Volume IX, 1-2010
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LATE PAYMENTS: Equal treatment between public authorities and undertakings is inacceptable!

European Parliament IMCO rapporteur Barbara WEILER has recently introduces a report on the Commission´s proposal to revise the Late Payment Directive. Voting in the IMCO Committee will take place on 8th April 2010 and during the May plenary. CEBRE has examined thoroughly WEILER´s report and welcomes the inclusion of positive incentives to combat late payments, such as the use of professional publications, promotional campaigns as well as the establishment of prompt payment codes and the 60-days maximum cap for public authorities.

However, the report includes some elements we cannot fully support. Czech businesses do not accept the equal treatment of undertakings and public authorities. Public authorities do not have the same financial constraints as private undertakings, normally enjoying more stable cash-flow conditions and easier access to finance. Therefore, stricter sanctions, as proposed by the Commission, should only apply to public authorities and not to undertakings in the framework of business-to-business transactions. Ineffective management of public finance, burdensome administration and incorrect public accounting cannot be reasons for rejecting stricter conditions for public sector. On the contrary, it is an opportunity to improve all these.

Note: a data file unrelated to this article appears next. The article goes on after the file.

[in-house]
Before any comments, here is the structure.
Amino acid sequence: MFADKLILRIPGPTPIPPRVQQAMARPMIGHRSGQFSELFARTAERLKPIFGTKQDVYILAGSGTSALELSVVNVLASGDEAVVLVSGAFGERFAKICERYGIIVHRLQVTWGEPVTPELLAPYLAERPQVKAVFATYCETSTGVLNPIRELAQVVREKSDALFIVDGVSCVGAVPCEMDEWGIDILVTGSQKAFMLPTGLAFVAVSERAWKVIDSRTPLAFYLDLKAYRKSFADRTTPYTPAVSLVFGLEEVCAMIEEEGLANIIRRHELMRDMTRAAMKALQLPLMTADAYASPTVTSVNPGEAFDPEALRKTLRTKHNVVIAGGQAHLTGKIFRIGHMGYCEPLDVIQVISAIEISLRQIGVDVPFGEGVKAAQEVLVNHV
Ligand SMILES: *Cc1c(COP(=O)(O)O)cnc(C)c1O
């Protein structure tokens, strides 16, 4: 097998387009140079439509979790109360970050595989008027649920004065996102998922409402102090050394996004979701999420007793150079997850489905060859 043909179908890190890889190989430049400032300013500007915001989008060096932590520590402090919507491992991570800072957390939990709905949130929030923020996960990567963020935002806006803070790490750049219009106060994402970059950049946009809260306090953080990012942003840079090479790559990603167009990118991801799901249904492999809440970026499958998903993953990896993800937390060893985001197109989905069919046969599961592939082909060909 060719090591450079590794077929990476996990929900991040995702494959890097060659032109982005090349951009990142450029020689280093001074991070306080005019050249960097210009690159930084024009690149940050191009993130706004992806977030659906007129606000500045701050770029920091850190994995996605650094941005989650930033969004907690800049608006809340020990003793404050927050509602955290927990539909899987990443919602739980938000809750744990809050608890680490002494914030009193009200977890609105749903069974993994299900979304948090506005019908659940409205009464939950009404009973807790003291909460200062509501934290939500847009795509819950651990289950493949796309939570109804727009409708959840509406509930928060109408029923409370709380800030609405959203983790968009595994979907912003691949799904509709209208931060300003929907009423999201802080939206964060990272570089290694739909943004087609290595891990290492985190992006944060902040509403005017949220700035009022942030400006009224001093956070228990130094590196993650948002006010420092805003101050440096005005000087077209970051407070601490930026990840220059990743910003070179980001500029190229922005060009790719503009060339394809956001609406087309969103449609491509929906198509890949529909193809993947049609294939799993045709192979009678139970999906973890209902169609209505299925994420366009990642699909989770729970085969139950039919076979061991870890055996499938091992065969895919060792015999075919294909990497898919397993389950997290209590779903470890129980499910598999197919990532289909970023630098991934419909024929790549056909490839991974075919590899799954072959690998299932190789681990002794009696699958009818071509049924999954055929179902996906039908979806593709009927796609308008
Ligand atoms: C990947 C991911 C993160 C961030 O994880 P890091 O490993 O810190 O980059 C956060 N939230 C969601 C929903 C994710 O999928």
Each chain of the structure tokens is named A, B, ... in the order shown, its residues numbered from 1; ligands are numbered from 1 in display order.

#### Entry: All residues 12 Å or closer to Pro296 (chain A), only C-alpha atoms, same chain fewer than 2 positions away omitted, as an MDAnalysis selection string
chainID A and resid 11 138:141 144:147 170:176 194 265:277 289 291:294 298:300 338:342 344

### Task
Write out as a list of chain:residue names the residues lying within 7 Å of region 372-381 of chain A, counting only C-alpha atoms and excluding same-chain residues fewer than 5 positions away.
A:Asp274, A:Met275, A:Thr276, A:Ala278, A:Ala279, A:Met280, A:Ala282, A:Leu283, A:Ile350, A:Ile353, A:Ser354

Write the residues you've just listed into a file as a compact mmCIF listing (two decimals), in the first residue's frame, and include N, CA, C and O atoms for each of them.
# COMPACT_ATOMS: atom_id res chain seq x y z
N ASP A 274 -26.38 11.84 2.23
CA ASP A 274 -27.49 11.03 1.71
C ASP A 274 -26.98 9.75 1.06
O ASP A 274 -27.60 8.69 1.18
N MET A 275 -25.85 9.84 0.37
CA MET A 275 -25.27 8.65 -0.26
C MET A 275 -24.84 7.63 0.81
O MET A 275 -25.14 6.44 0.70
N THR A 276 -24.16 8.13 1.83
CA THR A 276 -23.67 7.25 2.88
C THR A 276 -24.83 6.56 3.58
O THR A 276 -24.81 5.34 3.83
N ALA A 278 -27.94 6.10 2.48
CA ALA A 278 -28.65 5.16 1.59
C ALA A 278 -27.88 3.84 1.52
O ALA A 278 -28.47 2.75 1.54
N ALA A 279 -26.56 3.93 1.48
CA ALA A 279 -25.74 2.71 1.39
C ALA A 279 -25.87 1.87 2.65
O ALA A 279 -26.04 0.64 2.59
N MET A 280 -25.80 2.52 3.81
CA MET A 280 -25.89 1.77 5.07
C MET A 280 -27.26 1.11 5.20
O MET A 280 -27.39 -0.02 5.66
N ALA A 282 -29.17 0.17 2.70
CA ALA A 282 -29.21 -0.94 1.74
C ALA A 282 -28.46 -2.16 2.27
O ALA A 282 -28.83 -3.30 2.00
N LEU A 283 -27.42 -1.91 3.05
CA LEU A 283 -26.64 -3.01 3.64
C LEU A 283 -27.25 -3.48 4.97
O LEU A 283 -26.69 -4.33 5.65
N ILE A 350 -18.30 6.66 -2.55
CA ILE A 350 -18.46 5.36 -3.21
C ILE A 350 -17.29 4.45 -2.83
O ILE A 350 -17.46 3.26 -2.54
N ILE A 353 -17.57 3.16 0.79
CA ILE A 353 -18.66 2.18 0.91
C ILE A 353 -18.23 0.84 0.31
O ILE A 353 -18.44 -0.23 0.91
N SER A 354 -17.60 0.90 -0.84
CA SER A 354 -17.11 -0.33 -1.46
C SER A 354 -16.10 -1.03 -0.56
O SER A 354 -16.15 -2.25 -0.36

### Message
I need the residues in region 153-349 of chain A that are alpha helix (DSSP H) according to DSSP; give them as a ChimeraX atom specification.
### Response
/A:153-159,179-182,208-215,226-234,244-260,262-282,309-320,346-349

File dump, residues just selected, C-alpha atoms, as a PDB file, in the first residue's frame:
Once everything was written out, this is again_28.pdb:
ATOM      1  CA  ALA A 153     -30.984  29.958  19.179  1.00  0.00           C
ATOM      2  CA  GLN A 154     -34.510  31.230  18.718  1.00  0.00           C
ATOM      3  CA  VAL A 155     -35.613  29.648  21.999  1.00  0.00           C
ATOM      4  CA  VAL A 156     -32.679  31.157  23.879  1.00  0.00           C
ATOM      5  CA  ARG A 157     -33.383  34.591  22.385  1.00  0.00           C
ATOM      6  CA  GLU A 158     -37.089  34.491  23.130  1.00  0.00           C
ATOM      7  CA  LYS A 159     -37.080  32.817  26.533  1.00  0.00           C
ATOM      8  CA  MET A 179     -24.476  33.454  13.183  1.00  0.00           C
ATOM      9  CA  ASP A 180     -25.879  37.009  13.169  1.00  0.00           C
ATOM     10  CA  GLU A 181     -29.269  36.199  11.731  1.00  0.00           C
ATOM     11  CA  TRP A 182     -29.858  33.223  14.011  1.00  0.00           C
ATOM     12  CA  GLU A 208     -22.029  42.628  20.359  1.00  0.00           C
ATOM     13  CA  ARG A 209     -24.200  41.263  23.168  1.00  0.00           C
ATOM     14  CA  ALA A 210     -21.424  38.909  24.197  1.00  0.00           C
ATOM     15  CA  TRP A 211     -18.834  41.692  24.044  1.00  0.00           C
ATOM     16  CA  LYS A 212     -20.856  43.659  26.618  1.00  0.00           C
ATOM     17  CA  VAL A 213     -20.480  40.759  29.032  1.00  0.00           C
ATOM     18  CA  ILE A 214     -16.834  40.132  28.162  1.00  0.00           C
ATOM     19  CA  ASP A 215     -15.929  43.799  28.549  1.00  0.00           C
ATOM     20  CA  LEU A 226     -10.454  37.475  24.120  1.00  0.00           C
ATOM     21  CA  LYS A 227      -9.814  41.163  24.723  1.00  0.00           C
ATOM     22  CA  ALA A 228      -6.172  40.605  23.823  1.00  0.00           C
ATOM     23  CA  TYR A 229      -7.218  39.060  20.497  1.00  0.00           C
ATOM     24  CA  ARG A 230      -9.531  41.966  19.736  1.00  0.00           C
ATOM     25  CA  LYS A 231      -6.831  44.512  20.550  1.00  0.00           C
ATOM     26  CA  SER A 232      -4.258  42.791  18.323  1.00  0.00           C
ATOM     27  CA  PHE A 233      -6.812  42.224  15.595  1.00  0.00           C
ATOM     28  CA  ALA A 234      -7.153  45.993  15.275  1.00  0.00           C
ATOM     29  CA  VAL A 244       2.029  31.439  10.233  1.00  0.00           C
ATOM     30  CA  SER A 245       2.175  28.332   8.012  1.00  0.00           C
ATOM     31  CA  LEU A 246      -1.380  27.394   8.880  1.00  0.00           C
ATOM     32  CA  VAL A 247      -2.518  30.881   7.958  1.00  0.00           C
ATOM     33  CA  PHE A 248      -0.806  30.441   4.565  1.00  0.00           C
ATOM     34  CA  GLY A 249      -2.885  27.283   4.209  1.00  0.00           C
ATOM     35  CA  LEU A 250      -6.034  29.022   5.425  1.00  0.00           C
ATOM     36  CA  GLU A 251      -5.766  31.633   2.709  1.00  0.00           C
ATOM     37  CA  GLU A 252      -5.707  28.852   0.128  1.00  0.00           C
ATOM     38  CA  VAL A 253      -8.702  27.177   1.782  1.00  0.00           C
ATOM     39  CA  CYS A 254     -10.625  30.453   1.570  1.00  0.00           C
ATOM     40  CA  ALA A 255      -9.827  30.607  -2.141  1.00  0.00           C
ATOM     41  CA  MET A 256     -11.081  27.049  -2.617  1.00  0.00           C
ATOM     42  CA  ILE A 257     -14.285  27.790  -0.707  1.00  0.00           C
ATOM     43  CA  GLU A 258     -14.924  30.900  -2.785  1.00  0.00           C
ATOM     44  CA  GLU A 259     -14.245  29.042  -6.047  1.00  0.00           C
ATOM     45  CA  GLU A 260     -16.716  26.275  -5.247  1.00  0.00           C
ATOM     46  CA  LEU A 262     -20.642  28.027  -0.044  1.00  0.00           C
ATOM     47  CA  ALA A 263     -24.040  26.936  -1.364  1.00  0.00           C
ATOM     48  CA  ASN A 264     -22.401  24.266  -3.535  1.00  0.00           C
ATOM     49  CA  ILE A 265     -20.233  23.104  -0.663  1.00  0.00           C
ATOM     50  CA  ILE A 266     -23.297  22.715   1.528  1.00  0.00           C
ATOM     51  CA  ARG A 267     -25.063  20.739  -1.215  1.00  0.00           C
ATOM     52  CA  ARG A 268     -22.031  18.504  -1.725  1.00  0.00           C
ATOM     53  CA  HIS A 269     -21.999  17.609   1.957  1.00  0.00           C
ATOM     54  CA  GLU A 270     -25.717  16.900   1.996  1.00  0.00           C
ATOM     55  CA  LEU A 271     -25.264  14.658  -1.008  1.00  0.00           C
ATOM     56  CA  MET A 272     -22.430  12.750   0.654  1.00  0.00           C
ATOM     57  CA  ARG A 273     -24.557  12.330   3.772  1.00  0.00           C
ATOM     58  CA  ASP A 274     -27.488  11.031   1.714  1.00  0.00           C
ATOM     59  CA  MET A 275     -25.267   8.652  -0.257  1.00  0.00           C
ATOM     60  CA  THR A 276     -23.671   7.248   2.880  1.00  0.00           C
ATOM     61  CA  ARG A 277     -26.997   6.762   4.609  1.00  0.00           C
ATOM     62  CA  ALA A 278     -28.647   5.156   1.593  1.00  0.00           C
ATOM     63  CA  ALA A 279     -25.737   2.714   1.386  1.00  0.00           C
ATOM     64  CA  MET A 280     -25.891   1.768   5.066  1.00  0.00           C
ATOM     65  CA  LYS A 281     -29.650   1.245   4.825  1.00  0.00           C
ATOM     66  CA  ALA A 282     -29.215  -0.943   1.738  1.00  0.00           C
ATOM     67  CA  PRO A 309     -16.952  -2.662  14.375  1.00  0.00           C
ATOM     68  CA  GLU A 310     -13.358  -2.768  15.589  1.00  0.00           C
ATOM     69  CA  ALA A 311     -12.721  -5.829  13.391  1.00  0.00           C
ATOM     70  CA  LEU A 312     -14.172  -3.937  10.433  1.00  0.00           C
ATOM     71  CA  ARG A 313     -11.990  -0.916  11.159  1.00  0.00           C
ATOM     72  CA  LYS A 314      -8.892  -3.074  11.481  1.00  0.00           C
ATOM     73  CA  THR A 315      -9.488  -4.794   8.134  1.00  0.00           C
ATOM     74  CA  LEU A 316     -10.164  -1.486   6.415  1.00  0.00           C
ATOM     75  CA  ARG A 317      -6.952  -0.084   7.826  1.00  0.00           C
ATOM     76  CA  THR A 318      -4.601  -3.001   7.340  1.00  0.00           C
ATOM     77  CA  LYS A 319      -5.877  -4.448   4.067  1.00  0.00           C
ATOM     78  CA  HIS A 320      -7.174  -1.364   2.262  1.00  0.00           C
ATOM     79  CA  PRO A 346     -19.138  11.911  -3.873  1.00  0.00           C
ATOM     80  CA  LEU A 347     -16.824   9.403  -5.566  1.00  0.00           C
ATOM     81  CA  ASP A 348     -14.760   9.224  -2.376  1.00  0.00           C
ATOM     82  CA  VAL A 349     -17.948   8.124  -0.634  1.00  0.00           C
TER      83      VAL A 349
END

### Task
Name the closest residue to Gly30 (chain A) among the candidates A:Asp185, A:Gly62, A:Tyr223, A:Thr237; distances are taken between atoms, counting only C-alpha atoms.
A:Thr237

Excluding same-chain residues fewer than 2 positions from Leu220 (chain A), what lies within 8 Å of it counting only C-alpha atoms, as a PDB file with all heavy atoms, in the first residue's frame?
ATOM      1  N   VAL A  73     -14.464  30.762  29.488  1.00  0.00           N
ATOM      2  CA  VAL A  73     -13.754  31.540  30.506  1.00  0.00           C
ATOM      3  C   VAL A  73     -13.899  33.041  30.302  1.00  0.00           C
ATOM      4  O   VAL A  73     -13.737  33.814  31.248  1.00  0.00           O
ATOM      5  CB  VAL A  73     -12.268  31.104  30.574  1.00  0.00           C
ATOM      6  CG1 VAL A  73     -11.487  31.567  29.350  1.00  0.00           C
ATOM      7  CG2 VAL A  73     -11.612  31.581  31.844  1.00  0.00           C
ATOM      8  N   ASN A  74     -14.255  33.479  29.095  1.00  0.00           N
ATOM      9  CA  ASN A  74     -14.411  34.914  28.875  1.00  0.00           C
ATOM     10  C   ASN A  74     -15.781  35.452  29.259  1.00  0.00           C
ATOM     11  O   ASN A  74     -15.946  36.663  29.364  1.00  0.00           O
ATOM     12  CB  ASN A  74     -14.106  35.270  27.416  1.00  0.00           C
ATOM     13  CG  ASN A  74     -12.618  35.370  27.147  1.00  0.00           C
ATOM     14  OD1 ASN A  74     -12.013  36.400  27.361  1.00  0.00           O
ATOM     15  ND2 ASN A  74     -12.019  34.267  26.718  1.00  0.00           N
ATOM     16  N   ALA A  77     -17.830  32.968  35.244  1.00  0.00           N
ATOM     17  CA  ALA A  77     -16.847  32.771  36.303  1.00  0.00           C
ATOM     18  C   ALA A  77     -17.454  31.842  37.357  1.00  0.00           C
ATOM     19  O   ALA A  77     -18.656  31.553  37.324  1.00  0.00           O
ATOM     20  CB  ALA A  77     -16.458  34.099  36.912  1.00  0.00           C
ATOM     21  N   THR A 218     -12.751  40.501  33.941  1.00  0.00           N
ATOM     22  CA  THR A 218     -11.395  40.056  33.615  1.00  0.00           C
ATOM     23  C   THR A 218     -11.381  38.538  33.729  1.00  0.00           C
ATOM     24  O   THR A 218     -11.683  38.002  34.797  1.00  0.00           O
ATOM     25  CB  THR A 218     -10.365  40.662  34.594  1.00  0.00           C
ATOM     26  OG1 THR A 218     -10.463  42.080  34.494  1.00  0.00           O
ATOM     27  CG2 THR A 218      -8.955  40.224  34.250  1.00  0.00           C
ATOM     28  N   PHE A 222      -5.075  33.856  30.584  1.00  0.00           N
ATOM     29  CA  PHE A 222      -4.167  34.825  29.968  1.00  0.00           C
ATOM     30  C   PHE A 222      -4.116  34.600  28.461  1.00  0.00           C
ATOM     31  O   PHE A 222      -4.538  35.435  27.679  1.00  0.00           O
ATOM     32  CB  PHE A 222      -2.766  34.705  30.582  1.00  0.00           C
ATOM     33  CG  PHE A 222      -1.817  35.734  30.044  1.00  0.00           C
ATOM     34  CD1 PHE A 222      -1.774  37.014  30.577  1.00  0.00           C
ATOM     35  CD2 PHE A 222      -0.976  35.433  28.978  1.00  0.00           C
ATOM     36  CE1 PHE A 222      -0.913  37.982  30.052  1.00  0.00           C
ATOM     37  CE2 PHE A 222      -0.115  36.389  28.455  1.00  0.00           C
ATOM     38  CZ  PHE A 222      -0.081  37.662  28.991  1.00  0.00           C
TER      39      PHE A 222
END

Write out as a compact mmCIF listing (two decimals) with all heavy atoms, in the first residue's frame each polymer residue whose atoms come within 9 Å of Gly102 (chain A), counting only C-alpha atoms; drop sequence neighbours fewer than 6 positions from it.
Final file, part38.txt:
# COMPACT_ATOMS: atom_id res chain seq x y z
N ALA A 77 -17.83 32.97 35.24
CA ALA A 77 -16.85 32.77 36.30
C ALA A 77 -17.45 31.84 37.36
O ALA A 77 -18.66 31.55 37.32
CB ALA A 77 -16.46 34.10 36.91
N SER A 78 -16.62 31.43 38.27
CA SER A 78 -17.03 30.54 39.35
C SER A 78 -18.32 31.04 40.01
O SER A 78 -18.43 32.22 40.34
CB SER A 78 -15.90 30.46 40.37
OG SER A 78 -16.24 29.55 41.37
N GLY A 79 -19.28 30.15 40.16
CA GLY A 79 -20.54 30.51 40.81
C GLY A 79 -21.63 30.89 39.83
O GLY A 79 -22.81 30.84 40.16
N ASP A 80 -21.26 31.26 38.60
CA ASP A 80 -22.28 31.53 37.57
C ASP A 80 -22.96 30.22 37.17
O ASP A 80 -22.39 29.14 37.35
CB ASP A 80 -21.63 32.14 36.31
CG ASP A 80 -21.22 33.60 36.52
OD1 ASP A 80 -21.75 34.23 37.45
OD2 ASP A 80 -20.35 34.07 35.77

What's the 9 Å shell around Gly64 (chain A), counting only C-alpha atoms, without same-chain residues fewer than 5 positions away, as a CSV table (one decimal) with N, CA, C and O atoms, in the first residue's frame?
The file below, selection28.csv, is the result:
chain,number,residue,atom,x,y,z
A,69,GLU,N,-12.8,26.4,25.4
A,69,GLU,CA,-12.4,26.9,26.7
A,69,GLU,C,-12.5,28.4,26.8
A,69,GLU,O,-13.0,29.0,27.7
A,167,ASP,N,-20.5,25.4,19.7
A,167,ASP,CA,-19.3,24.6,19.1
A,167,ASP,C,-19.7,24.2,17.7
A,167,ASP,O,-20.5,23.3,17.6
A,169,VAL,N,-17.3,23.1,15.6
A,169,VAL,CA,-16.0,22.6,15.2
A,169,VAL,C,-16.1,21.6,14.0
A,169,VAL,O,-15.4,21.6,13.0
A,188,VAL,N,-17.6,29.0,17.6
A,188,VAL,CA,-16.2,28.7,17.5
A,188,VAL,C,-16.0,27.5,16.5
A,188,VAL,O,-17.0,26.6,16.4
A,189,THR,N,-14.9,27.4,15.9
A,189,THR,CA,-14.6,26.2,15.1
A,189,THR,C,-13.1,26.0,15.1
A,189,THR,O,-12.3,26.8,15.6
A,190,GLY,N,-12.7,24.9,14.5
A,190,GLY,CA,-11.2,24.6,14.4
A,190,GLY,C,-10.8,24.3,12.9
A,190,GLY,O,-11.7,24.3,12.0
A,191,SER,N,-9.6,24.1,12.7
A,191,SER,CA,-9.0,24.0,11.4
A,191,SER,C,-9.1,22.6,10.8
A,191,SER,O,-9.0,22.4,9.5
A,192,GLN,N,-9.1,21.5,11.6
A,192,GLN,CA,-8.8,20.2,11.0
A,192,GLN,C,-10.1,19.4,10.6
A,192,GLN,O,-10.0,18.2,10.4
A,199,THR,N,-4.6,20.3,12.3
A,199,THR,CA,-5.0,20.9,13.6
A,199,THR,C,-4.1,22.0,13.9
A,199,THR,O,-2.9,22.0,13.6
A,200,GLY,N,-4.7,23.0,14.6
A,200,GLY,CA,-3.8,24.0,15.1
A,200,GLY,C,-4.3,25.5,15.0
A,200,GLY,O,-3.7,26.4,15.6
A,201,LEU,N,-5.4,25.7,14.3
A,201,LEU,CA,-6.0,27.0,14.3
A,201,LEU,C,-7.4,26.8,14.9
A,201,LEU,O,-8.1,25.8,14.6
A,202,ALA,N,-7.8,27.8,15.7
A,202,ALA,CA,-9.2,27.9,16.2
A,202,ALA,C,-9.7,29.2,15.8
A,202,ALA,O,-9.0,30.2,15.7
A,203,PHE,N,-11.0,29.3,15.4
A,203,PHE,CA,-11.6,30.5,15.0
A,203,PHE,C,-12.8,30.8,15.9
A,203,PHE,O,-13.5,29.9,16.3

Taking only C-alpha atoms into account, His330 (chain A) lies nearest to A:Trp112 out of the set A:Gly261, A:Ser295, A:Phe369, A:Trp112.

We do not accept that the same conditions should be imposed on companies (namely, SMEs). It would not be responsible and would harm the European economy. Regarding late payments public authorities should give moral and ethical example. Incremental sanctions (2%, 4%, 5%) replacing 5% lump sum of Commission´s proposal can be accepted by Czech entrepreneurs. Nevertheless, it can be only acceptable if these sanctions apply for public authorities LA TE PAYMENTS (continued from page 1) (continued from page 1) (continued from page 1) and not for businesses. Rapporteur makes also difference between public authorities themselves when she stresses the need for public authorities operating in health sector to derogate to the 30-days limit. This is not only potentially unfair vis-á-vis other authorities providing services of general interest, such as schools for example, but the justification given – to take into account the specific organisation of health care systems and the different arrangements in Member States.

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